Brian Murray is a professional athlete, captain to Scotland's National Amputee Football team and an undeniable fighter! A passionate footballer from a young age, faced with a life changing cancer diagnosis at just 11 years old. This incredible man has turned adversity into opportunity by helping to launch amputee football in Scotland. Brian was kind enough to have a chat with us about his life and work as a pioneer for amputees in the UK.
Back in 1980 I started to develop a slight limp, I assumed it was a football injury so I wasn't particularly worried. However, on 12th December 1980 (aged 11), I went to hospital for an x ray and just 4 days later I had an operation to remove my whole left leg. I remember clearly having walked into the x ray, upon coming out I was met with quite the response from the nurses who were adamant I needed to lie down and be wheeled to see the doctor. It was the beginning of a new road as I knew it.
Just four days later on 16th December, I had an operation to remove not only the tumour growing on my left knee, but my whole left leg. Waking up from the operation I was incredibly lucky to have a team of nurses who were really supportive at preparing me to lift up the covers and take a look. Naturally it was a bit of a shock but not as bad as people would think and now, looking back, I think perhaps because I was so young at the time, that helped.
In the days, months and years that followed I underwent vigorous cancer treatment and to be honest, it was the hardest part. I was in hospital every three weeks receiving chemotherapy for a year and then every three months in the second year and then finally in the third year I was given the green light from my doctor to stop the treatment. It was a long three years but by 1983 aged 14, I was hugely relieved to finally be able to start regaining some strength.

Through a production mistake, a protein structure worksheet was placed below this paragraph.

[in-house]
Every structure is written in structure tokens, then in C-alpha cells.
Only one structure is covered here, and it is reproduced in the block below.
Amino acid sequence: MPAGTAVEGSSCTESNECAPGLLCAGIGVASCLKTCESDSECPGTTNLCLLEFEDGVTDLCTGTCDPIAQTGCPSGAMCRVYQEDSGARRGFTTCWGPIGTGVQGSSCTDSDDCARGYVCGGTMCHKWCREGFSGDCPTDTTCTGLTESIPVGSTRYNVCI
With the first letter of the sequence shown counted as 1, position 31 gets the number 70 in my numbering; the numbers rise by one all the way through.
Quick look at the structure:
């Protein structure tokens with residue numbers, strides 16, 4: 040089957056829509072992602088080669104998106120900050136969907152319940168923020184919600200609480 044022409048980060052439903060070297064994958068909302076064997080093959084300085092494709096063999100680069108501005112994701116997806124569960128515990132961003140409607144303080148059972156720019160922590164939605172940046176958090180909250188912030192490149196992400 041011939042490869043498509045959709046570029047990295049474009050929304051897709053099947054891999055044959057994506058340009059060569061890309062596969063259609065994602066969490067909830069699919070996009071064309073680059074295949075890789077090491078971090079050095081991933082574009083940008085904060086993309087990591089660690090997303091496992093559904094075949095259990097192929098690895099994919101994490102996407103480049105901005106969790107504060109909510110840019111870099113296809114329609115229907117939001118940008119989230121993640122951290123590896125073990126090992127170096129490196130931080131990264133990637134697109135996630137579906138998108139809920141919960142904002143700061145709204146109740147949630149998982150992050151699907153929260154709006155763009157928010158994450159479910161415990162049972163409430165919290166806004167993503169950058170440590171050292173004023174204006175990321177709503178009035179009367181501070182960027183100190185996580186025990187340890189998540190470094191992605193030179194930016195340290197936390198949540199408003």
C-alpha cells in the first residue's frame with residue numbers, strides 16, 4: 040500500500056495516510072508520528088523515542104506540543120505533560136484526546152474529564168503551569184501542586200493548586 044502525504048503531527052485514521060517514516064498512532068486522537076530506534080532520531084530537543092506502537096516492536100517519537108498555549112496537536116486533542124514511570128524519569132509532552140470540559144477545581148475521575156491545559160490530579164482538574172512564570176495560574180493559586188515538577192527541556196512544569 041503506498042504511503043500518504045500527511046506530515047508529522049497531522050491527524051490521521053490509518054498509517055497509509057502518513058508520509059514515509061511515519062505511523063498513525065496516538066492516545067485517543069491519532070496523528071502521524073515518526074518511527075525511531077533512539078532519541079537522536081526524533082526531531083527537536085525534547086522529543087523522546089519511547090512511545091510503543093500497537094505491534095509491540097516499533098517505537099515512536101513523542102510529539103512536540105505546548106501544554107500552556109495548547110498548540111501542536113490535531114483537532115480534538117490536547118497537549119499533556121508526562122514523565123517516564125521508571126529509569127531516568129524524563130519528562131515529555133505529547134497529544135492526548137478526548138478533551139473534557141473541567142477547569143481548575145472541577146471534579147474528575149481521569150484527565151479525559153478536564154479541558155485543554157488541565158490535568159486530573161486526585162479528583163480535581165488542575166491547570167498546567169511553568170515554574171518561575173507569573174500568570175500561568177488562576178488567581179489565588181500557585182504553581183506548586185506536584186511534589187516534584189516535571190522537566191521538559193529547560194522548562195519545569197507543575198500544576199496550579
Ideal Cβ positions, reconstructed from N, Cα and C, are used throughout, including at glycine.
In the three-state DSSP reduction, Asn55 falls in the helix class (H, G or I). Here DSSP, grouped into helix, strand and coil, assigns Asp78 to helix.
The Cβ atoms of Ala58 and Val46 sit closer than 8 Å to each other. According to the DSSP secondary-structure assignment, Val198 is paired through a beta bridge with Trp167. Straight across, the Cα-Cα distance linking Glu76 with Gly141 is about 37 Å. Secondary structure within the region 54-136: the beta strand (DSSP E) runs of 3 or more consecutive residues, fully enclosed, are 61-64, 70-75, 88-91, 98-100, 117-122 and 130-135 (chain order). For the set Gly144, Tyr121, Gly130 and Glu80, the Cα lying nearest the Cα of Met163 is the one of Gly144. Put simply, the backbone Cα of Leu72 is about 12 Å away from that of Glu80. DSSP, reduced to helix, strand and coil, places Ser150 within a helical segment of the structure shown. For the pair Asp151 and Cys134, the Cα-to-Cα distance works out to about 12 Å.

Life After Cancer
It wasn't long before I started playing football again, I pushed myself hard even back then and quickly started playing using one crutch. Next I taught myself to ride my BMX and then at school threw myself into as much sport as possible. I had a great PE teacher at my local high school and he always made a point of including me when others were playing sport. I joined in with everything he threw at me which included volleyball, basketball and swimming. When the other kids were out playing rugby, football and hockey I used to go to the gym and lift weights. It started well but it wasn't long before someone made fun of me and I lost my confidence. It knocked me back a lot.
Discovering Amputee Football
Confidence in myself has definitely been my biggest struggle although this has changed enormously since I discovered amputee football. I first heard about amputee football after reading about it in a magazine at a prosthetics centre. I immediately contacted the organisers to see if there was anywhere in Scotland I could play, but at the time it was only happening in England. I went down for what I thought was a taster session just to see what it was like, but next thing you know I was being given an Everton shirt and told I was playing in defence...so that's what I did! It was a brilliant introduction to how physical and fast the game actually was. I loved it and it well and truly kicked off my career. I played for Everton for one season and then we introduced it at my local football club to try and get the sport into Scotland and it grew from there. Now there is not only The Amputee Football Club in Scotland but there is also the Amputee Football Association in Scotland who work alongside the Scottish FA so it's safe to say the response has been brilliant and I know it will only continue to grow.